What Are the Warning Signs of Keratoconus and How Can It Be Treated?

Eye, Cornea, Cross linking, Corneal transplant, Keratoconus

Keratoconus is a rare eye condition, affecting about 1 in every 2,000 people. Keratoconus, also called KC, first affects young people in their late teens or early 20s. The disease may progress for about 10 years or more and may stabilize at that point.

There is no known cause for keratoconus, although there may be a genetic connection since about 1 in 10 people with keratoconus also have a parent with the condition. Environmental factors, aggressive eye rubbing, and allergies may also be a factor in developing keratoconus.

People with certain conditions such as Down syndrome, retinitis pigmentosa, and Ehlers-Danlos syndrome have an increased risk for developing keratoconus.

What is keratoconus?

Keratoconus is a condition when the cornea, which is the thin, clear dome-shaped layer in the front of your eye, thins and protrudes, creating an irregular, cone-like shape that affects your vision. Usually both eyes are affected.

In the early stages of keratoconus, your vision problems can usually be corrected with glasses or contact lenses. But as the condition progresses, you may need to move on to other treatment options.

What are the warning signs and symptoms of keratoconus?

In the early stages, signs of keratoconus include blurred or distorted vision. Other symptoms may include:

Treatment options for keratoconus  

Prescription glasses or contact lenses may help in the early stages of the disease. But often with keratoconus, frequent prescription changes are common as your vision worsens. Eventually, prescription glasses or contacts don’t help or may become too uncomfortable as your cornea bulges and changes shape.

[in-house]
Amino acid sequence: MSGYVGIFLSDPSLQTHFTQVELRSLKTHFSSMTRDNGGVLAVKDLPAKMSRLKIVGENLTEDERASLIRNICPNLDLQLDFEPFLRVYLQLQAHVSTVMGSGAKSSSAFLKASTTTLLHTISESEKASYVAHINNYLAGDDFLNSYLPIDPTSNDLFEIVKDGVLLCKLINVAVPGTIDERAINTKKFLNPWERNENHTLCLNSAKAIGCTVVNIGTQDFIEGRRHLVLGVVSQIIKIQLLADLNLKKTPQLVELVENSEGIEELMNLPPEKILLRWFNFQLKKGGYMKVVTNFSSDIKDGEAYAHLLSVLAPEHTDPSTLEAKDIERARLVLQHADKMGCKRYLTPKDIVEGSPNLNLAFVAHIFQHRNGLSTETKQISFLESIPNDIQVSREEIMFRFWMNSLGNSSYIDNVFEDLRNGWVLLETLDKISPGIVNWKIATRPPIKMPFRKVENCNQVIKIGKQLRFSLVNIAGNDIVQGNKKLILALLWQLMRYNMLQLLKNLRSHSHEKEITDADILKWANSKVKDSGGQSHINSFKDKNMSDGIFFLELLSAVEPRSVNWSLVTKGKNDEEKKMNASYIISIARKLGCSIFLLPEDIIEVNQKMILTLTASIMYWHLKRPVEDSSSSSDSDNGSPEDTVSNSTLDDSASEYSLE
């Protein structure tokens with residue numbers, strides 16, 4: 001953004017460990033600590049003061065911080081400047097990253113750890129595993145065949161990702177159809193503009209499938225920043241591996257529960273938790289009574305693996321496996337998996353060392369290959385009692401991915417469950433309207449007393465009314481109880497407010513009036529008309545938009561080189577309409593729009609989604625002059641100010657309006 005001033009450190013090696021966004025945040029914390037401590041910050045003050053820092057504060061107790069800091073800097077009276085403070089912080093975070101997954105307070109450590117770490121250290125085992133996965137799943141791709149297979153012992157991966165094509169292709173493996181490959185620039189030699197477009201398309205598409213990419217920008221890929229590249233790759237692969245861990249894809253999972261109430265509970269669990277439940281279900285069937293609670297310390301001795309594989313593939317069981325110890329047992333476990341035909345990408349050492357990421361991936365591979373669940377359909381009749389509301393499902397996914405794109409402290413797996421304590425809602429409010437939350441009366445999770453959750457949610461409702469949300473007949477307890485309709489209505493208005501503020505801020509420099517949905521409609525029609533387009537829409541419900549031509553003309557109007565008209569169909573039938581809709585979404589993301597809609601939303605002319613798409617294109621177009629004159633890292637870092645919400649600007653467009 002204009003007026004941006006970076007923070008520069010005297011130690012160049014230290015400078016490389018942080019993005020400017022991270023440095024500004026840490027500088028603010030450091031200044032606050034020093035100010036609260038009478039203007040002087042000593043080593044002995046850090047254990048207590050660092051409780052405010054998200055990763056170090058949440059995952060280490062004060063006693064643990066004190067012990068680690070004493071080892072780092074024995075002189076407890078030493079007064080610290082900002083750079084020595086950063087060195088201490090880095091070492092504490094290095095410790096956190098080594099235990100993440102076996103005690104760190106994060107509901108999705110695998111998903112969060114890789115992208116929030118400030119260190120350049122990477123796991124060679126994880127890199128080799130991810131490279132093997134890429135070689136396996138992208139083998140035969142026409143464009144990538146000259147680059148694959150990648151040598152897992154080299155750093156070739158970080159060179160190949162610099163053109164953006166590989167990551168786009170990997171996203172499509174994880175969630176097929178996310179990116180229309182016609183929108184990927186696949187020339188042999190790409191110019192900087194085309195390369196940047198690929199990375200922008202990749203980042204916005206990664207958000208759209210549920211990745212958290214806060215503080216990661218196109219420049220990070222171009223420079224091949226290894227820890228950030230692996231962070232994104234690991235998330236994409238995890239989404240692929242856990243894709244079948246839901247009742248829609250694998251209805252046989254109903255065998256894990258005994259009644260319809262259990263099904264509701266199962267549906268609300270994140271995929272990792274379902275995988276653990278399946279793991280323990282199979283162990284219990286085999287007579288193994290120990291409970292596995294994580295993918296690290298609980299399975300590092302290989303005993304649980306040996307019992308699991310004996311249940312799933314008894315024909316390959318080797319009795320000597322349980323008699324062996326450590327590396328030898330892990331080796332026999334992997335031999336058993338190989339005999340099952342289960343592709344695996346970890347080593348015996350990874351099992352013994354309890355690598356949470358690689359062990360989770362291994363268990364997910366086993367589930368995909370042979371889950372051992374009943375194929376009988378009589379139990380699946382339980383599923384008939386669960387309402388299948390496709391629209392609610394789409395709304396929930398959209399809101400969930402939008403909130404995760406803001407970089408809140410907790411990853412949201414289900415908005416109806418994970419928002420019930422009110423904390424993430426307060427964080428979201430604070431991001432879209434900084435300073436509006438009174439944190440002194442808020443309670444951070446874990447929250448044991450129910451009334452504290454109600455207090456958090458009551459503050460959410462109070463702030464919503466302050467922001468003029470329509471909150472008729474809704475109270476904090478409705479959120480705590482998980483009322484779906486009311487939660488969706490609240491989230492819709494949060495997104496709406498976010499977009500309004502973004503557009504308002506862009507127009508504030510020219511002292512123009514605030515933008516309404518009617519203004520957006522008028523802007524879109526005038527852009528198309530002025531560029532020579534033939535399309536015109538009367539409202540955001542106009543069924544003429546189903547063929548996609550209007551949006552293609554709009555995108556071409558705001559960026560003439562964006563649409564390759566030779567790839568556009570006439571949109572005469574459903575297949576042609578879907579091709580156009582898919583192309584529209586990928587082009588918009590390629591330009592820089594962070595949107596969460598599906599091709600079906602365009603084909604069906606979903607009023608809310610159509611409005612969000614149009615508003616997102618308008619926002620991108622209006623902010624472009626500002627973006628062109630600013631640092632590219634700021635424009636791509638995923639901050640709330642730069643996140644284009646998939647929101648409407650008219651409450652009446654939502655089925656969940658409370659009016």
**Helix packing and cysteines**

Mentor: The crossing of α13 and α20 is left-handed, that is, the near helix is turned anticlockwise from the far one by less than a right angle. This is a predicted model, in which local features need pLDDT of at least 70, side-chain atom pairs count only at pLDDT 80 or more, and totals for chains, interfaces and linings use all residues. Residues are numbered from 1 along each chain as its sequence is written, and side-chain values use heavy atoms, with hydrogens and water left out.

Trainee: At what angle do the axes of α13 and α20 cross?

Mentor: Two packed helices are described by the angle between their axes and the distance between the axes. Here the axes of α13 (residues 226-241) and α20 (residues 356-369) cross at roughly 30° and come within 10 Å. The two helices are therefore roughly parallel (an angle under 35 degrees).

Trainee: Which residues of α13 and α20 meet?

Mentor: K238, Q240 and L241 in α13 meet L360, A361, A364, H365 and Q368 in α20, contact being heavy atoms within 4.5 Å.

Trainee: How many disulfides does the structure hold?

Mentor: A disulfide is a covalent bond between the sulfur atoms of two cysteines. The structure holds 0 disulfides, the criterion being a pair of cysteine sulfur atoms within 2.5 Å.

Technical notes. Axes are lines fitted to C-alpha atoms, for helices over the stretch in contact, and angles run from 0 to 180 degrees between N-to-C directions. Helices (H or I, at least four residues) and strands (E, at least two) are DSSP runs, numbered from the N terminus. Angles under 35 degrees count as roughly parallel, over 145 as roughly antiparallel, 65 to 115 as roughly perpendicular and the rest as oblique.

When glasses can’t help, other treatment options include:

Intacs® corneal implants

These devices are small curved implants. The eye care professionals at Witlin Center for Advanced Eyecare surgically insert Intacs around the central cornea to help reshape the tissue from a cone shape to a more natural dome shape.

Cross-linking

This procedure strengthens weakened tissues with a special ultraviolet light and vitamin B2 eyedrops to stimulate the collagen present in the cornea. This process helps flatten or stiffen your cornea to prevent it from bulging further.

Corneal transplant

For advanced keratoconus, your Witlin Center eye doctor can replace part or all of your cornea with healthy donor cornea tissue.


For more information about symptoms, diagnosis, and treatment for keratoconus, call the Witlin Center for Advanced Eyecare serving East Brunswick, Toms River, and Morristown, New Jersey.

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